Community Theatre

Champaign-Urbana, Illinois

Bah Humbug Productions

A Christmas Carol

Winter 2007–2009

A Christmas Carol by Charles Dickens as adapted by Nick Schneider, with music by Tim Schirmer and lyrics by Cheri Coons and Seamus Reilly, was presented as part of the Parkland College Theatre season in 2007, 2008, and 2009. It has not been produced elsewhere. It was also adapted for radio and has been broadcast on WILL-AM-FM in 2009, 2010, and 2011. The play received critical acclaim by local reviewers and the authors are at present engaged in publishing the work.

 

Bit-by-Bit: Putting A Christmas Carol on the Parkland College Stage

The notion of presenting Charles Dickens’ A Christmas Carol as an annual theatrical production in Champaign-Urbana was born a few years ago when I realized that this ageless story, in such form, was not a Christmastime tradition here as is, for example, The Nutcracker. Aside from presenting Christmas pageants with my sister, Suzanne, in the living room of our Detroit, Michigan, home where we hung sheets on the French doors to separate our stage from the audience sitting in the dining room, my first acting experience was as Peter Cratchit in an elementary school production. Years later I would act the role of Scrooge’s nephew, Fred, in an adaptation written by Mercy College of Detroit professor, Albert Zolton. Over the years, my family would attend one version or the other of the story in most of the places we lived or visited, as many cities had annual productions.

 

And so it began. I eventually approached Parkland Theatre Artistic Director Randi Collins-Hard with the idea, and following some provocative discussions, we agreed it could be a viable Parkland Theatre project. After reading several versions of A Christmas Carol, I decided to write the adaptation primarily to provide a unique interpretation for the Parkland stage. Another important consideration was my desire to infuse the telling of the story with music, original music—not in the manner of a book musical with a pit orchestra and all, but as a thematic thread woven by the tellers of the story. Fortunately, for me, Parkland College’s Director of Music, Tim Schirmer, agreed to collaborate and write an original score. Tim had previously composed music for another Dickens’ Christmas story, The Cricket on the Hearth, and his music for our version of Carol, along with lyrics written by Parkland College’s Fine and Applied Arts Department Chair, Seamus Reilly, and former lyrics partner, Sheri Coons, lifts this telling of the story in an incomparable way.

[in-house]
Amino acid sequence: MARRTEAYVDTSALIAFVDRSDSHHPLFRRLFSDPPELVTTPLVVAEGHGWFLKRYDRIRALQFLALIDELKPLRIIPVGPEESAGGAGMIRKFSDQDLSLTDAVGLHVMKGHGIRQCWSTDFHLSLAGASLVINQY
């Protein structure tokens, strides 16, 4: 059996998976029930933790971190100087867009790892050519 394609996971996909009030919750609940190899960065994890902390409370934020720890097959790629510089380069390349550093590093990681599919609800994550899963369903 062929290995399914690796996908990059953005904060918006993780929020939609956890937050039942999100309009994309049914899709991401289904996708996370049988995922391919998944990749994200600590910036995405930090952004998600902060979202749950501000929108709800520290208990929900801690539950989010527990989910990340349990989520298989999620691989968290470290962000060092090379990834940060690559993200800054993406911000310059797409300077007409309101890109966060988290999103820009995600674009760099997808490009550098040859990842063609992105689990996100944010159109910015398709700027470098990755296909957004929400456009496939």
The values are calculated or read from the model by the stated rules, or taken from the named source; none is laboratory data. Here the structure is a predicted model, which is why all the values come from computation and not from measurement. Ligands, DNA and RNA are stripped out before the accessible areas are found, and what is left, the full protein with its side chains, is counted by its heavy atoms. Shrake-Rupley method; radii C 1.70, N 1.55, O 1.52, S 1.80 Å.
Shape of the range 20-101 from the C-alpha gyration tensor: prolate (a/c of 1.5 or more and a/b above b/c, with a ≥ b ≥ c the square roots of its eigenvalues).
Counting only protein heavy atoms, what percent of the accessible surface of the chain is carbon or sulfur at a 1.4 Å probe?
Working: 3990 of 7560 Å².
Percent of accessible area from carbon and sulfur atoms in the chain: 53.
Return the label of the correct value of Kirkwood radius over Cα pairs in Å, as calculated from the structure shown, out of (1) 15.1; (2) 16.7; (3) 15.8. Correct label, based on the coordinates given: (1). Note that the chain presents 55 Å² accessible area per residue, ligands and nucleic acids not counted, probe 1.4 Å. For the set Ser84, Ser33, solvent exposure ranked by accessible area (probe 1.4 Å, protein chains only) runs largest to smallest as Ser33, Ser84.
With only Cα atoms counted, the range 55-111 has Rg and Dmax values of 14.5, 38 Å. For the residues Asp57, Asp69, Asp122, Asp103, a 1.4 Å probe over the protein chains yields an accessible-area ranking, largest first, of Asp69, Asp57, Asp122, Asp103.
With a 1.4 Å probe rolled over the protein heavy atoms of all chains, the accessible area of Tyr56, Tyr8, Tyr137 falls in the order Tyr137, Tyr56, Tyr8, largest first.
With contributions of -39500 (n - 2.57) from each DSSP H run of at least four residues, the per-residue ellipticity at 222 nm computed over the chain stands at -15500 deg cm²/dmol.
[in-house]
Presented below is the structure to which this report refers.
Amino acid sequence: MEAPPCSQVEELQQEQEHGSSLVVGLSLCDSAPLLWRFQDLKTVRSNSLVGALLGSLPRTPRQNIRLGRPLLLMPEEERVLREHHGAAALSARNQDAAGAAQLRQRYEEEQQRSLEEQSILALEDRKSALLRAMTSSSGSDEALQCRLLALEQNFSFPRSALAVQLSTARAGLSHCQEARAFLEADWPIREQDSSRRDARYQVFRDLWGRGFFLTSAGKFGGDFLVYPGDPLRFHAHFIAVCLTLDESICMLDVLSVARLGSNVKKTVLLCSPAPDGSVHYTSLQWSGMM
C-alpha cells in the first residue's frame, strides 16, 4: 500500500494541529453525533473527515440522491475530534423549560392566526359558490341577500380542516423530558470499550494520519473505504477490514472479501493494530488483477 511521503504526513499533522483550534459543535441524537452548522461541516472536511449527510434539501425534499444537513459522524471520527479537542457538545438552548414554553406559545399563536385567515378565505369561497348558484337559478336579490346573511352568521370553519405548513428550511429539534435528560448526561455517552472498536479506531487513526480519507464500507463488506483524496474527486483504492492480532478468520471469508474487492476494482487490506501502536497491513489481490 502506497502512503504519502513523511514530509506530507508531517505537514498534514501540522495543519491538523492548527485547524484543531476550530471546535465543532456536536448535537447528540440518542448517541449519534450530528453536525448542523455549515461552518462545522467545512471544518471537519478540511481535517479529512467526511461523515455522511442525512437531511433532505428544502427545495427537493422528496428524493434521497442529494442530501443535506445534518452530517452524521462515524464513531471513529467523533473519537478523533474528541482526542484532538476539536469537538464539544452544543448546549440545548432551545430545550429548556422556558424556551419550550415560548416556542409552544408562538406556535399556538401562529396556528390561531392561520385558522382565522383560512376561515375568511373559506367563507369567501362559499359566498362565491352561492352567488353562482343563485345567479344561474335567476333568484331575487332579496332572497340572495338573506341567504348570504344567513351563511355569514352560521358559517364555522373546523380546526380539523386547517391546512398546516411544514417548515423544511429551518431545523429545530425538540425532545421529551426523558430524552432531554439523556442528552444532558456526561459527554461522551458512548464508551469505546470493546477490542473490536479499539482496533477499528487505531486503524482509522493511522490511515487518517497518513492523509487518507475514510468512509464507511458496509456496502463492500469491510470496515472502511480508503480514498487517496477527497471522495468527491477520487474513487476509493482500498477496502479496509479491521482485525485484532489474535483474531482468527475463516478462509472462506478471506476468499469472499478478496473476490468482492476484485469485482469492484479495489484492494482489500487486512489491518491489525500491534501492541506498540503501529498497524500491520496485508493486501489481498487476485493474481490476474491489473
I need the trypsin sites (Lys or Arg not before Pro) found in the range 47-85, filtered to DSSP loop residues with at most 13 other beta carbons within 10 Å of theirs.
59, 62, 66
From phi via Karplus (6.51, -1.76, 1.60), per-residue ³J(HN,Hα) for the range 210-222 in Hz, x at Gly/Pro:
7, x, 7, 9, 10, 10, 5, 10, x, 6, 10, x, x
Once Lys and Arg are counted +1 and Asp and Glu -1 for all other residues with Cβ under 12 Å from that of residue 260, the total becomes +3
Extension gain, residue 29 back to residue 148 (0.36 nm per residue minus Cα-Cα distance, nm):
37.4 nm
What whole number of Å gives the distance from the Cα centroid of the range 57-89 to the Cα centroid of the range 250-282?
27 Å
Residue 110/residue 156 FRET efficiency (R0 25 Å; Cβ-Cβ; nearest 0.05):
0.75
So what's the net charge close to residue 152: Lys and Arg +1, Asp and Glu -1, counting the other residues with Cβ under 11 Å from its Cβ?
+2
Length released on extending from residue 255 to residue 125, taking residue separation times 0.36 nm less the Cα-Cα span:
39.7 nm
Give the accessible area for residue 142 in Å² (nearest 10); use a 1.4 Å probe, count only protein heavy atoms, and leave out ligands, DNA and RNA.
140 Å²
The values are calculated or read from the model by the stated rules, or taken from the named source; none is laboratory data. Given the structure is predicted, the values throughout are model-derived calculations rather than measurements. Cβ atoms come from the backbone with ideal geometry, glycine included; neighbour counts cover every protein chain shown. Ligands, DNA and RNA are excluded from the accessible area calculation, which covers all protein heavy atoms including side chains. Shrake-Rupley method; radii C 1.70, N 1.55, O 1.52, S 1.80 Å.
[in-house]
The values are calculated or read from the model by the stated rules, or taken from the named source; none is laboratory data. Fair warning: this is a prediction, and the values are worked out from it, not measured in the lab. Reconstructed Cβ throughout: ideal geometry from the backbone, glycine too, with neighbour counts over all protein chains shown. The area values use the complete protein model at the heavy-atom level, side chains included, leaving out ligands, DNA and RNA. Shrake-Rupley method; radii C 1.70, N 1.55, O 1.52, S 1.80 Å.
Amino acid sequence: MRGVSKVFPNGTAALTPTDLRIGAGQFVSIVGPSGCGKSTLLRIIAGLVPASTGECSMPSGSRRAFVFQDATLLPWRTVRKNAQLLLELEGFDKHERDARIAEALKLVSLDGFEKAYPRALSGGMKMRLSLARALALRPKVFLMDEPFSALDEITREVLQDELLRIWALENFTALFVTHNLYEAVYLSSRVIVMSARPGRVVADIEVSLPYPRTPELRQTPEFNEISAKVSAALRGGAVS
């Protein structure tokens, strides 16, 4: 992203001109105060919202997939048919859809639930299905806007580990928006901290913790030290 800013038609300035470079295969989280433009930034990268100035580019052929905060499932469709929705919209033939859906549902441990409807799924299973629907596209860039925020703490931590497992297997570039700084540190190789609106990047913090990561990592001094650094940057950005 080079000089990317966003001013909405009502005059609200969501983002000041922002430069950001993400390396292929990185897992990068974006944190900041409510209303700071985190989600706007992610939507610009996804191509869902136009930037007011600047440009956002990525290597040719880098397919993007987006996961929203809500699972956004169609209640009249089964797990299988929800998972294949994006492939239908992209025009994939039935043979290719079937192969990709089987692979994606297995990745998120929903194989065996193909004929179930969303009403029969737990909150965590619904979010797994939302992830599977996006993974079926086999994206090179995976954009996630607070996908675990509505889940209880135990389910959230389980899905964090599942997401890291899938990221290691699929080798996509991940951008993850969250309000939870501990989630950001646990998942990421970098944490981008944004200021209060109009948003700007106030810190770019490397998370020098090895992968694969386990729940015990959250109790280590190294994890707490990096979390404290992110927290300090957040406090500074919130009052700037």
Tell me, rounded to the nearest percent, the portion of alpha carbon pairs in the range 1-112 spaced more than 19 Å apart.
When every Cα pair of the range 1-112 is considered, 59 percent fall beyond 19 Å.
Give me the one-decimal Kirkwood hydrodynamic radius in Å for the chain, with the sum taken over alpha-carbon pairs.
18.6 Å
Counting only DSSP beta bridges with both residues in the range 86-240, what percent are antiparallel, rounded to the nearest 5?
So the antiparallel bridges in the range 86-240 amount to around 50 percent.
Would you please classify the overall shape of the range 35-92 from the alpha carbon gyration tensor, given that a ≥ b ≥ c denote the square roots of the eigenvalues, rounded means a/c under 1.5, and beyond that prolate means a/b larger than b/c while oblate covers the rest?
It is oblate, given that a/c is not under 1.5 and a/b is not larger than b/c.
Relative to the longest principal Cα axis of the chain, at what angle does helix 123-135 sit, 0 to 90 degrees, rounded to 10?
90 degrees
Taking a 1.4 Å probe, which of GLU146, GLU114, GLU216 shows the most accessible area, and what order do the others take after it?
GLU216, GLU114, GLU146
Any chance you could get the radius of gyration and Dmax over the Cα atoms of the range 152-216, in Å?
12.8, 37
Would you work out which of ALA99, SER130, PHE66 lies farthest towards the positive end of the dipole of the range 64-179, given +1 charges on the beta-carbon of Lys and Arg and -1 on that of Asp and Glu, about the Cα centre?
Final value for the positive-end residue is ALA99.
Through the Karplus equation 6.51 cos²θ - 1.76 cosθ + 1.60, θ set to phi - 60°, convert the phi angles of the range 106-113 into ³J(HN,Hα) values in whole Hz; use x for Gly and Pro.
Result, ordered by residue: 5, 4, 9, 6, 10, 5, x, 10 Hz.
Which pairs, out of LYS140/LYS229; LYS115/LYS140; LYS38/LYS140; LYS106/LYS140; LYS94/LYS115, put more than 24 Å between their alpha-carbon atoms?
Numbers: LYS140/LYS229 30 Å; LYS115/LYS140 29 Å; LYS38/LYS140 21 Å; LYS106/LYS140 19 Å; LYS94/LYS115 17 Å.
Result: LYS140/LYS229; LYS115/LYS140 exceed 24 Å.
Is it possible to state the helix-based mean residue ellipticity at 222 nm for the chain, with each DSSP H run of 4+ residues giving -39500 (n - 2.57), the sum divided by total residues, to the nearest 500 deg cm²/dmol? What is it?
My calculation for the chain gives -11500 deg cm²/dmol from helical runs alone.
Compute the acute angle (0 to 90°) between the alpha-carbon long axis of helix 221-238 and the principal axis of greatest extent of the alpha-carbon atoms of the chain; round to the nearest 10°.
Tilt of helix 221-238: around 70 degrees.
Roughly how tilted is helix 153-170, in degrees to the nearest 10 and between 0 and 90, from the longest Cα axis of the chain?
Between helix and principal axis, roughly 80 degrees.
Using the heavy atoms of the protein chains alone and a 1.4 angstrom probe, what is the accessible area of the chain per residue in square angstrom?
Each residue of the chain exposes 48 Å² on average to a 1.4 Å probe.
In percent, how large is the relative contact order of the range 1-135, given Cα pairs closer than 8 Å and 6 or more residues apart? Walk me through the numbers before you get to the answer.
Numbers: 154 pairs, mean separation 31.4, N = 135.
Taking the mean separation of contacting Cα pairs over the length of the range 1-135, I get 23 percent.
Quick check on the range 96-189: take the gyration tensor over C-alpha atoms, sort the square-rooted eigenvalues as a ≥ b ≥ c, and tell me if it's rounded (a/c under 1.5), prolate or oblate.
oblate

Adapting the story turned out to be at once both easy and difficult. As a classicist, I wanted to keep intact as much of Dickens’ original text as possible. At the same time, our English language has changed, especially the meaning of certain words and phrases from those of the early 19th century. And then there’s my interpretation of the story; a story that I think is prescient, with amazing relevance to today’s society just as it was more than 150 years ago; unfortunately the ghosts are still with us: both personal and societal. So what you’ll experience from the performance you’ll see here on the Parkland stage will likely vary depending on how deep your emotions or intellect are imbedded in the Christmas tradition and this time in history.

 

“Putting it together,” like Georges Seurat in Sondheim’s Sunday in the Park with George, has not been difficult at all considering the talented professionals that signed on to the project for a pittance of their usual compensation. The production staff and acting company have worked diligently to make this First Annual Production one that you and your family will remember and return to year after year. A Christmas Carol is, after all, a story of family relationships and needs. Finally, I will tell you that researching and adapting this story of Christmastime in London in the 19th century, fathering its production here in the 21st century, and imagining future productions has changed my view of life; I hope the result changes yours. Merry Christmas!

 

—Nick Schneider, Writer-Producer

 

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